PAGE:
Disappointed with commercially produced "100% cotton" cloth training pants that leaked because they contained, upon dissection, polyester batting instead of cotton, and searching for an alternative to "disposable" pullups, I made comfortable, breathable, wash-and-reuse pullup training pants, from materials I already had on hand.
Step 1: Select Materials and Preshrink
Select underpants that are big and loose on the intended child, but not actually falling down. Wash your intended absorbent layer and the underpants, in the hottest water you can, and dry on high heat, to shrink everything all it can possibly be shrunk, before beginning.
For the absobent panel, I repurposed tattered old cotton prefold diapers that had fulfilled their first duty as diapers for multiple babies and were approaching rag status. If you have no prefolds, or yours may either be re-used or sold, you might find ones in ragged condition you can get for nothing, or close to it. Otherwise, you can substitute anything you think will hold enough moisture, that your sewing machine can stitch through the layers of.
Step 2: Gather Necessary Tools and Put in a New Sharp Needle
Make sure you have pins, good fabric scissors or else a rolling quilting cutter and cutting surface, because you'll be cutting through many layers at once, something to mark lines (doesn't matter what, really: crayon, chalk, pencil, magic marker), and of course a sewing machine capable of quilting, with a zigzag stitch.
It's always a good idea to put in a new sharp needle with each project, but because this one may push the abilities of your machine to punch through so many layers at once, a brand new "quilting" needle is a good idea.
Step 3: Cut the Middle Panel Out
Cut the smaller side panels from the prefold, leaving the thickest middle part. [Side panels can be used for another project, even cloth feminine products]
Step 4: Mark and Trim
Turn underpants inside out, and hold the crotch onto the middle panel of the diaper, and mark the curvature so that the insert will fit perfectly in the crotch of the underpants.
Cut the curved parts out.
Step 5: Center and Pin
Center the insert in the crotch of the underpants, with the curvatures matching the underpant legs. Pin in place from the crotch outward. If the ends of the diaper insert are too long, trim them to make the insert short enough to fit within the underpants and not hang out beyond the waistband.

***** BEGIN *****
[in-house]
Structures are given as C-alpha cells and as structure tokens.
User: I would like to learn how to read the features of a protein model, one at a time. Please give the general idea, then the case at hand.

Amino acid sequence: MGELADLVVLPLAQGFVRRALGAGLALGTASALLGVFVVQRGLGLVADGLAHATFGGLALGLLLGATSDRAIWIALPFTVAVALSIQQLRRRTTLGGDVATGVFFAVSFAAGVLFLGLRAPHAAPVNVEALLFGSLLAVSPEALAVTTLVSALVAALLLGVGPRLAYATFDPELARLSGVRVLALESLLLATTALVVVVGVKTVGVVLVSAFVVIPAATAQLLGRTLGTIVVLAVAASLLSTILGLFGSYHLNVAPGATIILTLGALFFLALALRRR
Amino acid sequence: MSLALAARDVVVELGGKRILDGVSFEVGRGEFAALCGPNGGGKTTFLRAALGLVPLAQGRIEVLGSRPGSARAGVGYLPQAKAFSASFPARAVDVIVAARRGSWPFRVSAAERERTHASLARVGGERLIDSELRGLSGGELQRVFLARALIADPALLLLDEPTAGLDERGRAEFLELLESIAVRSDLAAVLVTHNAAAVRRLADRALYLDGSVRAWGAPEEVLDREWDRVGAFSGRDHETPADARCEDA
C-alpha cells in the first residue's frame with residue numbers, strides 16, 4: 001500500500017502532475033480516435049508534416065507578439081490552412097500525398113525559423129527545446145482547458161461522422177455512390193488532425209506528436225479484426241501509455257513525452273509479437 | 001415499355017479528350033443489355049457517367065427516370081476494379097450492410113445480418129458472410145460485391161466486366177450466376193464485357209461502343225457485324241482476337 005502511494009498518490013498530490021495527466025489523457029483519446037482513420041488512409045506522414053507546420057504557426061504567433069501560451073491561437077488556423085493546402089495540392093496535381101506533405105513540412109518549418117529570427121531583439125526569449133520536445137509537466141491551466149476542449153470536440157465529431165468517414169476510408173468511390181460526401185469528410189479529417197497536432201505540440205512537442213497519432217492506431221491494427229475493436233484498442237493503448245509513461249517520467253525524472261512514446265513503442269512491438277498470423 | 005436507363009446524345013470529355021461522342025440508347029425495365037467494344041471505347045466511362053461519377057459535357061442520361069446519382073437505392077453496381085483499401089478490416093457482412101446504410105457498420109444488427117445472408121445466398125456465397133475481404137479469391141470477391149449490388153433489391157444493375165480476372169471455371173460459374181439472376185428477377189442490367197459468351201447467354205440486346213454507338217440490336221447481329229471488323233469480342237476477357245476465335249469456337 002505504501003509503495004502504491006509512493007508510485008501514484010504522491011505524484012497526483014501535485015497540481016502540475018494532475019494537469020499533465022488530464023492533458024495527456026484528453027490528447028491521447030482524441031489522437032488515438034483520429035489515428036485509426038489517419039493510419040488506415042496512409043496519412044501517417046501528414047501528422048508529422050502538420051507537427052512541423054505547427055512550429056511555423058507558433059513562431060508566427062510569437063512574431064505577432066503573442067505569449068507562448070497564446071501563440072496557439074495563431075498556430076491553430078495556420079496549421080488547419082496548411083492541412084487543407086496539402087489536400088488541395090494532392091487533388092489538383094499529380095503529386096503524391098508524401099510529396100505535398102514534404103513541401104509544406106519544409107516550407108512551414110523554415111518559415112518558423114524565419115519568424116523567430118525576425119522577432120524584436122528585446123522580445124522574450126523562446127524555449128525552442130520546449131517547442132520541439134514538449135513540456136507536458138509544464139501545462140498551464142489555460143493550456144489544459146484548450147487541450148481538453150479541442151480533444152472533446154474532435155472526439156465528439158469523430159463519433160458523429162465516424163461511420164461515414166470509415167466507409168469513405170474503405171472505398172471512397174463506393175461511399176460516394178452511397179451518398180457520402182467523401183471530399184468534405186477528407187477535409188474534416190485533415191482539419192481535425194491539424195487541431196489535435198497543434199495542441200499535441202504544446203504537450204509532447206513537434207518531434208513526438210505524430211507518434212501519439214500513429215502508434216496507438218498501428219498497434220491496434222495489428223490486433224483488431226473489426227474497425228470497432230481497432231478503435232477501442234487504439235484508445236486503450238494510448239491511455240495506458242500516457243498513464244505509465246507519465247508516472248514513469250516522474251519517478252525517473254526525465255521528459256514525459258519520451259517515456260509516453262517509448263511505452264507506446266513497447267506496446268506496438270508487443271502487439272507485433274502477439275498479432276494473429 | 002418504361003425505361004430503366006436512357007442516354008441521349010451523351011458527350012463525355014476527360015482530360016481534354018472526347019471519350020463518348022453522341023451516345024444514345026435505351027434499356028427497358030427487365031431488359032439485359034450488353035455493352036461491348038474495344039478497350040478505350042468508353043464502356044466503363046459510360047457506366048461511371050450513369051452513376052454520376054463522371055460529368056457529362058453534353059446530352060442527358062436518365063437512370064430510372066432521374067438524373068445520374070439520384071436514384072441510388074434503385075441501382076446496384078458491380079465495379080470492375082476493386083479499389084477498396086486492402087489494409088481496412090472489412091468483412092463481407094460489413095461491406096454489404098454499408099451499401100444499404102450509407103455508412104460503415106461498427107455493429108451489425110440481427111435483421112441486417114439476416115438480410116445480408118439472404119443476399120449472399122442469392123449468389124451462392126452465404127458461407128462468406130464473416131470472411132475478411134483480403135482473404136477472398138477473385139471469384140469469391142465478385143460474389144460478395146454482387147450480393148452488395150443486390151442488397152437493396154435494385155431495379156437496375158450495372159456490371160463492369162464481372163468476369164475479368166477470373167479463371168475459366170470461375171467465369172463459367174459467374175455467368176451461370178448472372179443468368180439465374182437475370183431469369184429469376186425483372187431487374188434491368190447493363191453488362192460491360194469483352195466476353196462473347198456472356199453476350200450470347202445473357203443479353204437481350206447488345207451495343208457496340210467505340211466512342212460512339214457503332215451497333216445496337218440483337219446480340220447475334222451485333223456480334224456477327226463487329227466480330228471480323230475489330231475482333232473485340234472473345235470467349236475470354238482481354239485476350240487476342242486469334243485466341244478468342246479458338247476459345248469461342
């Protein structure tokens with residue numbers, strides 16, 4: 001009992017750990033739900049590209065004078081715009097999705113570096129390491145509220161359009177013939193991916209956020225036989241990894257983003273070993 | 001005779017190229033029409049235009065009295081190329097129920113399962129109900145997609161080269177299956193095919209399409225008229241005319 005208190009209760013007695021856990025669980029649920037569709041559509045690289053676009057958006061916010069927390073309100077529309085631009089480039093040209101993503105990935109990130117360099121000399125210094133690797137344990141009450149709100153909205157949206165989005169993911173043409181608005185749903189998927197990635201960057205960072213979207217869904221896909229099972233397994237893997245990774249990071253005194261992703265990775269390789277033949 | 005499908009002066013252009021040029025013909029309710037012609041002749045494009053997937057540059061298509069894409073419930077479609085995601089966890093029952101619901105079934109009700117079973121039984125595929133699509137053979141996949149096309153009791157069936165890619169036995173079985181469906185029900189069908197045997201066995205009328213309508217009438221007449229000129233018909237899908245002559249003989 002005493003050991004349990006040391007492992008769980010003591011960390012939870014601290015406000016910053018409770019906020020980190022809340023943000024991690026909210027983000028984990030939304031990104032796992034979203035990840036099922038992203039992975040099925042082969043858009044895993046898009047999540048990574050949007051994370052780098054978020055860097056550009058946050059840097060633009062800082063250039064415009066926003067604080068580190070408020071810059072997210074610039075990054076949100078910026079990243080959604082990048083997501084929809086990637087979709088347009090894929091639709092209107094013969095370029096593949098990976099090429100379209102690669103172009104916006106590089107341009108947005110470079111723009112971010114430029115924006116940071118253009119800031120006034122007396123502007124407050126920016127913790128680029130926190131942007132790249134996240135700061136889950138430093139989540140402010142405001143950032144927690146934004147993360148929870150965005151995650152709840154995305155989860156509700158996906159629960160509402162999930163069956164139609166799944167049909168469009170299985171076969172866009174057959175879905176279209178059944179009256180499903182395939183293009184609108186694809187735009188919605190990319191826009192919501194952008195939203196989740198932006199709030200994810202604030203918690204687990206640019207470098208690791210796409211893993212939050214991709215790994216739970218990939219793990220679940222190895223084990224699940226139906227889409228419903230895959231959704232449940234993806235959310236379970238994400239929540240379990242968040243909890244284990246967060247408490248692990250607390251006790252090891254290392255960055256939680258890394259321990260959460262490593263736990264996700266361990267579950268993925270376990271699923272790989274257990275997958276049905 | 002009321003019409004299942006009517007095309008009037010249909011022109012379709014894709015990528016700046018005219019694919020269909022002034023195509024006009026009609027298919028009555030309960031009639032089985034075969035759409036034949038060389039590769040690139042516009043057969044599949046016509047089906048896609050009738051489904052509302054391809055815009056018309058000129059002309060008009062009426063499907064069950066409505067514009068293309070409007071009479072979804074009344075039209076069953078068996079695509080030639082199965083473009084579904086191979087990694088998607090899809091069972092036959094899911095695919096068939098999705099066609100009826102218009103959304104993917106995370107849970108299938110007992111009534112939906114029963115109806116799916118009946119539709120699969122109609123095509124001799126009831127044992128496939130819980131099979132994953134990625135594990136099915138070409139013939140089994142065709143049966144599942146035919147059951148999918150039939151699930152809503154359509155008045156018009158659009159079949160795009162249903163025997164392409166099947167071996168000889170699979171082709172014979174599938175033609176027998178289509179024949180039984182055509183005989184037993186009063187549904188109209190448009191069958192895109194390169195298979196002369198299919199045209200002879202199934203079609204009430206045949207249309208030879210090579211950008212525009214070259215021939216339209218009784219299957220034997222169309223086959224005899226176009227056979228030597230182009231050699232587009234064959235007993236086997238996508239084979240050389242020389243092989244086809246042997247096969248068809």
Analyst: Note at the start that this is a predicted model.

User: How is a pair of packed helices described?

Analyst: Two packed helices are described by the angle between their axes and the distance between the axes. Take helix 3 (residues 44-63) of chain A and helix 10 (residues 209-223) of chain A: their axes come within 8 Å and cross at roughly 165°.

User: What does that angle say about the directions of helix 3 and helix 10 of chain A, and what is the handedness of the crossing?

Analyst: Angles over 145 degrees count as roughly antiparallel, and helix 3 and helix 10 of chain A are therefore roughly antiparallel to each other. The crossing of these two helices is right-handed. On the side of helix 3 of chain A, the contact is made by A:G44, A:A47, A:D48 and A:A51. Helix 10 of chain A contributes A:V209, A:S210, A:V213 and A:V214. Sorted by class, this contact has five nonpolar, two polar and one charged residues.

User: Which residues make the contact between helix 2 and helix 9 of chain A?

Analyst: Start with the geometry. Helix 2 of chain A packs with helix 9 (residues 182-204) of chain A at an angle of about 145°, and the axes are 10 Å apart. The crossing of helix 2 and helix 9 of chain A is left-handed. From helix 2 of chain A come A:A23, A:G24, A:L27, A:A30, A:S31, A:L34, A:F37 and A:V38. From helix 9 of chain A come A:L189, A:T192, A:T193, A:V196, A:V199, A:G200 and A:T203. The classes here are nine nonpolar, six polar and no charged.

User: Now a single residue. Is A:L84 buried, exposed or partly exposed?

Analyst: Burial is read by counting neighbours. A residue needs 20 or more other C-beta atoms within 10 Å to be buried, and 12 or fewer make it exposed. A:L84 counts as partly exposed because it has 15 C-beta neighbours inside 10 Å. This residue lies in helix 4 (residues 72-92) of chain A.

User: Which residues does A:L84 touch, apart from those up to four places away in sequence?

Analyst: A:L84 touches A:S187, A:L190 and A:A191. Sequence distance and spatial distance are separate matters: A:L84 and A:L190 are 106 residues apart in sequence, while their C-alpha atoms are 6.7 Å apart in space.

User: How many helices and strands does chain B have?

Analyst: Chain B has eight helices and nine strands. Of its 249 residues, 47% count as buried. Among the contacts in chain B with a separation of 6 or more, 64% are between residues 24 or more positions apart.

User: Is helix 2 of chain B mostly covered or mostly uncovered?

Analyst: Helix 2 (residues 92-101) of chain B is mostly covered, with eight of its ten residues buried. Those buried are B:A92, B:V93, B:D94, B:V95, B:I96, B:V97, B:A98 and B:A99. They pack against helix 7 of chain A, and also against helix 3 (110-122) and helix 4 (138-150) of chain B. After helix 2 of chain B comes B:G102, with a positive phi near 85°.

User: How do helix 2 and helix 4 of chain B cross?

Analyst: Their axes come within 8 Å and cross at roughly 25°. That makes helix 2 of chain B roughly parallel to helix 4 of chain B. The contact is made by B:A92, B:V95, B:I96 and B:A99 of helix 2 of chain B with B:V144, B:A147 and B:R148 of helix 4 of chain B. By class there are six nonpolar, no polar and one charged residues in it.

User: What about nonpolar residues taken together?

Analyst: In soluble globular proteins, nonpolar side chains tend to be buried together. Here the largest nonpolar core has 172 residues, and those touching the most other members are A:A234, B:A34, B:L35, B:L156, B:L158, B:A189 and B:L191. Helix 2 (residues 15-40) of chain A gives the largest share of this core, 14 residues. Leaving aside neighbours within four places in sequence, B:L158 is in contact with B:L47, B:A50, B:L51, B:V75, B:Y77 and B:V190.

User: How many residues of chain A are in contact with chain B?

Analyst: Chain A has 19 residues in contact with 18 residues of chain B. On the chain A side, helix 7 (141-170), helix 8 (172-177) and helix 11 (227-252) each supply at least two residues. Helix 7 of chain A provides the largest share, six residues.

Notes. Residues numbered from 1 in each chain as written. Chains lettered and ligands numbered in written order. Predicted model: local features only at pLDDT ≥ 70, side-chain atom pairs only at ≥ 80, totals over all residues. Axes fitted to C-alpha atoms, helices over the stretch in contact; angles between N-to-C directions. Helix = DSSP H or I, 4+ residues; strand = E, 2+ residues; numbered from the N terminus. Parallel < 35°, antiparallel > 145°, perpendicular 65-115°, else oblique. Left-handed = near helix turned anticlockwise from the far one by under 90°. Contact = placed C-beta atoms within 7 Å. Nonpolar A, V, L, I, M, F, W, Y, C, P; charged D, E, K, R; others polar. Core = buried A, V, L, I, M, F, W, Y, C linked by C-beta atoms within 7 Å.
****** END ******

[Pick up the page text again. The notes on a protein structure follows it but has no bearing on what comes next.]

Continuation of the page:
Then center the ends of the diaper insert, to the middle of the underpants. The tag is usually a good reference point. Pin the midpoint right there at the tag for reference, and then pin outward from there toward each end of the diaper insert. That will keep it straight with respect to the pants.
Step 6: Stitch Legs From the Center Out
With the zigzag stitch set really wide and really short, which mimics in some respects a serging stitch which covers the raw edge while providing for stretch, start stitching one edge of the insert, from the CENTER of the crotch, out toward the waistband. Then turn and stitch out from the center again, toward the other waistband, and repeat the same maneuver for the other side.
This is the same method used for collars and necklines on garments, and it avoids creeping and puckering, keeps things aligned.
Note the zizgag encompasses the raw edge, almost like a satin stitch.
Step 7: Tug Elastic to Gather and Stitch Tops
Once this is done, you can trim off any excess absorbent layer at the waistband, if there is anything sticking up, before beginning to stitch the tops near the waistband.
Again, you will find it useful to begin stitching in the center, out to the end, then turn it around and stitch from the center to the end again, to avoid shifting. But this time, you will want to pull the elastic of the waistband out just a little while you stitch, so that the absorbent layer will gather a bit with the waistband. That way, the waistband will still be stretchy, and the absorbent layer will move with it.
Alternatively, you could trim the end of the diaper insert (the absorbent layer) so as to be stitched well below the waistband.
In the photo below, you can see that this diaper didn't need trimming. The original navy-blue serged edge is still intact. This is not from my machine. I am stretching the elastic a bit as I begin the zizag, right over the serged edge.
In the second photo, I am turning it around to stitch from the center, out to the other direction, again pulling a slight bit on the elastic as I sew, as if gathering.
Step 8: Wash and Wear!
The finished item, inside, and out.
If you preshrunk everything properly, these are ready to wear! I found them to be useful, thrifty, and comfortable for the child, as an alternative to disposable training pants / pullups, using materials I already had on hand.